As a gamer I have never shied away from violent video games. Doom, the ground-breaking "first person shooter" of the early nineties had me running around on a Mars science station, blasting the hell out of demons escaped from a portal to Hell.
More recently, I spent hours in a compelling WWII drama (Brothers-in-Arms) that was so rich in storytelling and character development that it could have been turned into a heartbreaking film about loyalty and retaining one's humanity in the midst of the insanity that is war. I know some will raise their eyebrows, but the game was that good.
And now? Now I've just played through a scenario in a game which is guaranteed to be under Christmas trees across the country this year. A game that parents will benevolently bestow upon their children: Modern Warfare II. Don't get me wrong, I love the game and will play it to death, but I have to ask the creators why they decided to include this scene in the game. Essentially, as a deep undercover operative you follow a handful of Russian terrorists into a crowded airport and watch as they gun down over a hundred people. If you want, you can probably join them in the fun --- I was too appalled to fire at the innocents. On the other hand, I did try and shoot the terrorists and was in turn shot by them. If you want to see this scene, you can click on the embedded video. You'll notice the person playing this segment enthusiastically joins in the killing of civilians.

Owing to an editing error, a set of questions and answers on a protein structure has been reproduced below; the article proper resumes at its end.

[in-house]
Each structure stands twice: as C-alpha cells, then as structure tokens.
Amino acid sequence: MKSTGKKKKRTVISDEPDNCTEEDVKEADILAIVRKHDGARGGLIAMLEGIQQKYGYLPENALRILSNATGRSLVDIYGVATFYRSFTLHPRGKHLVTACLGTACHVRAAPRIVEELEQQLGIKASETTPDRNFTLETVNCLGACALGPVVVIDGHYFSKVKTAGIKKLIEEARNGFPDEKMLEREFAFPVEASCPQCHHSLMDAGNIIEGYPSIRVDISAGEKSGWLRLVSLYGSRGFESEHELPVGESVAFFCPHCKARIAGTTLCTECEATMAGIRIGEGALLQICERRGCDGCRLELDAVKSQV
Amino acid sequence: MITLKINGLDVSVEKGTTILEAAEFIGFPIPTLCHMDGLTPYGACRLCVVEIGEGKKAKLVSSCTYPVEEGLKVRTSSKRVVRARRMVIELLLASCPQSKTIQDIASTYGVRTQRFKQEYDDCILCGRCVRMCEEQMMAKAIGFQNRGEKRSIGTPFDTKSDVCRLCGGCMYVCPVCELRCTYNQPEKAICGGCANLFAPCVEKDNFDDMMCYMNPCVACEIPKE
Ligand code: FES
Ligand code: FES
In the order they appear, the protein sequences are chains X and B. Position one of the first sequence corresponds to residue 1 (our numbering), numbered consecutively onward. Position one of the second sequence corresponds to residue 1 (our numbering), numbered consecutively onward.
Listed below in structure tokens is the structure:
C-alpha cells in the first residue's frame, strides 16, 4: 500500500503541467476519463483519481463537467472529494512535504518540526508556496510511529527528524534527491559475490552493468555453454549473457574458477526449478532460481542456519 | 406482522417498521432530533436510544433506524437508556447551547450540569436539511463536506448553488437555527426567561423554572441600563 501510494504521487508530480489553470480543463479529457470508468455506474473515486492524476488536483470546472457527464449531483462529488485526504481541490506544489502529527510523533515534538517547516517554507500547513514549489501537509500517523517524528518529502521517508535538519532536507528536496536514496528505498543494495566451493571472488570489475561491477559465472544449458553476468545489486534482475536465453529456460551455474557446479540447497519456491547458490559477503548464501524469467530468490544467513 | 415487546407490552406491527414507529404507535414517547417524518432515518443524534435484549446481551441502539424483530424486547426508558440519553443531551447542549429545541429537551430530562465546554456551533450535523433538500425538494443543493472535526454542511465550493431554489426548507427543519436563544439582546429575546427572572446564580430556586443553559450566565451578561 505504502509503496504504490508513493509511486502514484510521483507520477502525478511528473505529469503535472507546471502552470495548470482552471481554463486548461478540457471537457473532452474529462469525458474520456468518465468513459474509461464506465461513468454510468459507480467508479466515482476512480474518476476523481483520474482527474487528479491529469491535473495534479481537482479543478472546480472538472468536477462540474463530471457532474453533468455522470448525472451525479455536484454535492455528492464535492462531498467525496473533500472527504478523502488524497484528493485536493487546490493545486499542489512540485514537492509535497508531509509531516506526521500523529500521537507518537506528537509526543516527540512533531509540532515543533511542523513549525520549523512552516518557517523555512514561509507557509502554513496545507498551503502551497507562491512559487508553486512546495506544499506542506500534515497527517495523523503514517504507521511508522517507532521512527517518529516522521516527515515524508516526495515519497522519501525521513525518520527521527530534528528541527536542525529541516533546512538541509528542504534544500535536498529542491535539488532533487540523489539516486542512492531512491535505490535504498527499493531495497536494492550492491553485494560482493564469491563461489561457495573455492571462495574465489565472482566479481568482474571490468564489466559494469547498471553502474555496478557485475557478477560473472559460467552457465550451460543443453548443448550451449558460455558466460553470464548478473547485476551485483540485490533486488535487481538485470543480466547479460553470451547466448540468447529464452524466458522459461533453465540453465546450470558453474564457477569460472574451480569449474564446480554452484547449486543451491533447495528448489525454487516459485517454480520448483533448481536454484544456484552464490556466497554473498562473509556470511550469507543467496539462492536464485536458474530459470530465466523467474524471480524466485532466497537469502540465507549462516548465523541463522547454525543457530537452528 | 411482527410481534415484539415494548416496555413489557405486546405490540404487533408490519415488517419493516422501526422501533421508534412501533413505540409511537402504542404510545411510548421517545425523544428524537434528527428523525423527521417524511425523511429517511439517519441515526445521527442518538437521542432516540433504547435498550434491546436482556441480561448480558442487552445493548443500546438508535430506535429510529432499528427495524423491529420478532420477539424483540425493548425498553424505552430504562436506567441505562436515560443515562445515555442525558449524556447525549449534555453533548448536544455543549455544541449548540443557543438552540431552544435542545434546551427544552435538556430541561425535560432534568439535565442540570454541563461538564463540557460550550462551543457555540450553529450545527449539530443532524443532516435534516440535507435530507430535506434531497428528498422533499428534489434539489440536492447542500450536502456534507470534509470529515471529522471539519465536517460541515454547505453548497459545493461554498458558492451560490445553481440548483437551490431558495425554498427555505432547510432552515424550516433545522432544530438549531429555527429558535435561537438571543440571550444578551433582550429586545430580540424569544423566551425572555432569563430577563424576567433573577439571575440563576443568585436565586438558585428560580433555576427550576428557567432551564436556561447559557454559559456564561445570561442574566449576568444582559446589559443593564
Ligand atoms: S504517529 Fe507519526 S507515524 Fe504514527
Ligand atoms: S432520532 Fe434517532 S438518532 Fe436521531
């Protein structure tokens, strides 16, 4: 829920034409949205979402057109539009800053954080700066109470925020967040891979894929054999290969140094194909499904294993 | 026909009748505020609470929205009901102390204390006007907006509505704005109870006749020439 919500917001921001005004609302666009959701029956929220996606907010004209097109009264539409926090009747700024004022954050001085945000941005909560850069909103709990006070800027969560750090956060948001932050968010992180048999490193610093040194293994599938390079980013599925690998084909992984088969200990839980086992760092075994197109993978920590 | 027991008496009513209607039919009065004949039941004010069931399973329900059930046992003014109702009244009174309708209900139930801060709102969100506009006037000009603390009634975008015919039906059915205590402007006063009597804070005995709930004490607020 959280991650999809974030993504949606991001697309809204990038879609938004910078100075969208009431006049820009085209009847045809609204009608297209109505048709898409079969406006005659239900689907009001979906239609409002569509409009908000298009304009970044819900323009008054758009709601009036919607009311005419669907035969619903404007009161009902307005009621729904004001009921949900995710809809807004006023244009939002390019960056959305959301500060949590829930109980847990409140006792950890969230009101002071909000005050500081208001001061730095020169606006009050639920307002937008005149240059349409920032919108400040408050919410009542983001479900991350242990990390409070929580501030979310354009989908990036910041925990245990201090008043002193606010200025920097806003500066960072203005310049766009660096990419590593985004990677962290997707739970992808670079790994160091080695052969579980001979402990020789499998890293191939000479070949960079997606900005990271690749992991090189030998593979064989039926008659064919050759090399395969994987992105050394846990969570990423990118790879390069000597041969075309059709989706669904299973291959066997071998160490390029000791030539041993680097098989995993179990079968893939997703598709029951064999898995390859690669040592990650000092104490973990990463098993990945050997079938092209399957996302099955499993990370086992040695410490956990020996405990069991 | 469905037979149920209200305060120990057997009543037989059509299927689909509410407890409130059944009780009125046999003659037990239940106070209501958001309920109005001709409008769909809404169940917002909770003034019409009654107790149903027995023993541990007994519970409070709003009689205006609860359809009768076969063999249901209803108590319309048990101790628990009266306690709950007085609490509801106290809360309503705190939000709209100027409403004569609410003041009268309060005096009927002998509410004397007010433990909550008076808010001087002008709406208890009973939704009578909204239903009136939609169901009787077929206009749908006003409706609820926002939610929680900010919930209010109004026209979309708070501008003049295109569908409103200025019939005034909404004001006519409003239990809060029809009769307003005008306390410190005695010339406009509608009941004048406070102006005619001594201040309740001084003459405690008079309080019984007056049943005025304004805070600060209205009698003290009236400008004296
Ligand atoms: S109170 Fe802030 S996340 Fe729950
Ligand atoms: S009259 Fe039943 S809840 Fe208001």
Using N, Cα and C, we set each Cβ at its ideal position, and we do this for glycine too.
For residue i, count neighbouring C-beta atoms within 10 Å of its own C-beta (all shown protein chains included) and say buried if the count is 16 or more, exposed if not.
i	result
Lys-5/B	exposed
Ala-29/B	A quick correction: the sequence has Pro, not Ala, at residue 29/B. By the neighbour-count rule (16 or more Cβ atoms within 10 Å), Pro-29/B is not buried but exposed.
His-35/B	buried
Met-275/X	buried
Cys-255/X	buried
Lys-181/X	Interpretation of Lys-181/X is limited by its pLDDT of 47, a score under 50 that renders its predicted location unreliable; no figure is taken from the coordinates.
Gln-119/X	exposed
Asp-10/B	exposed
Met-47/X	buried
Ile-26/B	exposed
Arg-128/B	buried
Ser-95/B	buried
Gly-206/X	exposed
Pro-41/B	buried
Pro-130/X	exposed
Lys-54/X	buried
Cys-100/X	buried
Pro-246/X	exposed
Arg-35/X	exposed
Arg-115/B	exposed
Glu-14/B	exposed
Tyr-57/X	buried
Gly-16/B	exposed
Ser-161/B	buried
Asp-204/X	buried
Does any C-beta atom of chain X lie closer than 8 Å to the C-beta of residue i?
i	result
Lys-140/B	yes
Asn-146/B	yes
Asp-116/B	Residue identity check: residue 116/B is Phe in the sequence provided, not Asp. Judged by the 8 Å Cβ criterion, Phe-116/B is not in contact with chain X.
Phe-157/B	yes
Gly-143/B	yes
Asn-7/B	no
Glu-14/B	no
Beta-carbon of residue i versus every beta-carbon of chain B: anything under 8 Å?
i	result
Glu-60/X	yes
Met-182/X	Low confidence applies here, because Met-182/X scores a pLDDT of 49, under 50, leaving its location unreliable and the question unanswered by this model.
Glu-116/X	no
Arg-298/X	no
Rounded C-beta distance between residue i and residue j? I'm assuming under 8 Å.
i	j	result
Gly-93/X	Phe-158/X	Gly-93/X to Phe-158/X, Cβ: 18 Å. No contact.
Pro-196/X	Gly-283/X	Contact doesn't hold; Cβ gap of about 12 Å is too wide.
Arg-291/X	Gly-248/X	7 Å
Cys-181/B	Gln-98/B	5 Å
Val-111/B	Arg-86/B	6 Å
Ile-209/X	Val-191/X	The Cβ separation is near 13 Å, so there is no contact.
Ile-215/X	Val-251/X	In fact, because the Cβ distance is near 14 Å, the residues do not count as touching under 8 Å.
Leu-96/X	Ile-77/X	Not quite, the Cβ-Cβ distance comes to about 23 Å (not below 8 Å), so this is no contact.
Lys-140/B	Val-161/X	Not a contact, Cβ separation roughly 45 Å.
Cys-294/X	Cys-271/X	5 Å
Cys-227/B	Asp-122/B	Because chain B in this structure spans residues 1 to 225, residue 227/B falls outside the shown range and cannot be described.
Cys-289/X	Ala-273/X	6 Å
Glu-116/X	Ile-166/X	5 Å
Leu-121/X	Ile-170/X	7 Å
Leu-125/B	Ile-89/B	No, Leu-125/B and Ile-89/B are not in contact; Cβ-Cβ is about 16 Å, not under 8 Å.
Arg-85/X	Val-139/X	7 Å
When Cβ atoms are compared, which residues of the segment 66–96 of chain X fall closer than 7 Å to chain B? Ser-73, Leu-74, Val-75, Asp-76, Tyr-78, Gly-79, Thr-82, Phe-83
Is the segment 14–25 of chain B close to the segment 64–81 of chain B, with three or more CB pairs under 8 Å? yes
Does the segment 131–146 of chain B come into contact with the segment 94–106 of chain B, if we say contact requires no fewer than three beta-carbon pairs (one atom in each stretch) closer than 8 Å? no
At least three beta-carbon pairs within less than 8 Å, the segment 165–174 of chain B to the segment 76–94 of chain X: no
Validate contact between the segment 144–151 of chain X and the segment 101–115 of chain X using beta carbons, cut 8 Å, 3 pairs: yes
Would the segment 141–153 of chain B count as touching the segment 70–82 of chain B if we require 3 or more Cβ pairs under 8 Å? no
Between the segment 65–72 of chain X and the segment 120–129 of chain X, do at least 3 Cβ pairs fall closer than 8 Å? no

Some people will argue that to drive home the horror of terrorism that a person should be unflinchingly exposed to its brutality. Perhaps that would hold on a news show, but in a video game?
I'm not going to follow the argument that video games desensitize people and therefore contribute to violence in the community, but I think this sort of use of violent imagery should give us pause. Some would argue that the it's part of real life and therefore the game is really a reflection of that. Really? Really? So should we then have a game where a person plays a child abuser? Or a serial killer who goes into a school in Colorado and blows away a dozen children?
Another person will point out that buying a game is a voluntary process and that parents don't have to buy this for their kids. The idiocy of that statement is that people won't know about the violence of this game and even if they know, they will be beaten down by a teenager who wants to play what every other kid is playing on the internet.
I'm not suggesting that children will watch this and run out zombie-like to gun down a group of innocents. I'm just expressing some thoughts on the matter and wondering about whether or not a line may have been crossed, or if indeed, whether or not a line can be crossed any more.
My next post: "Writerly Responsibility" (it sort of a companion piece to this one)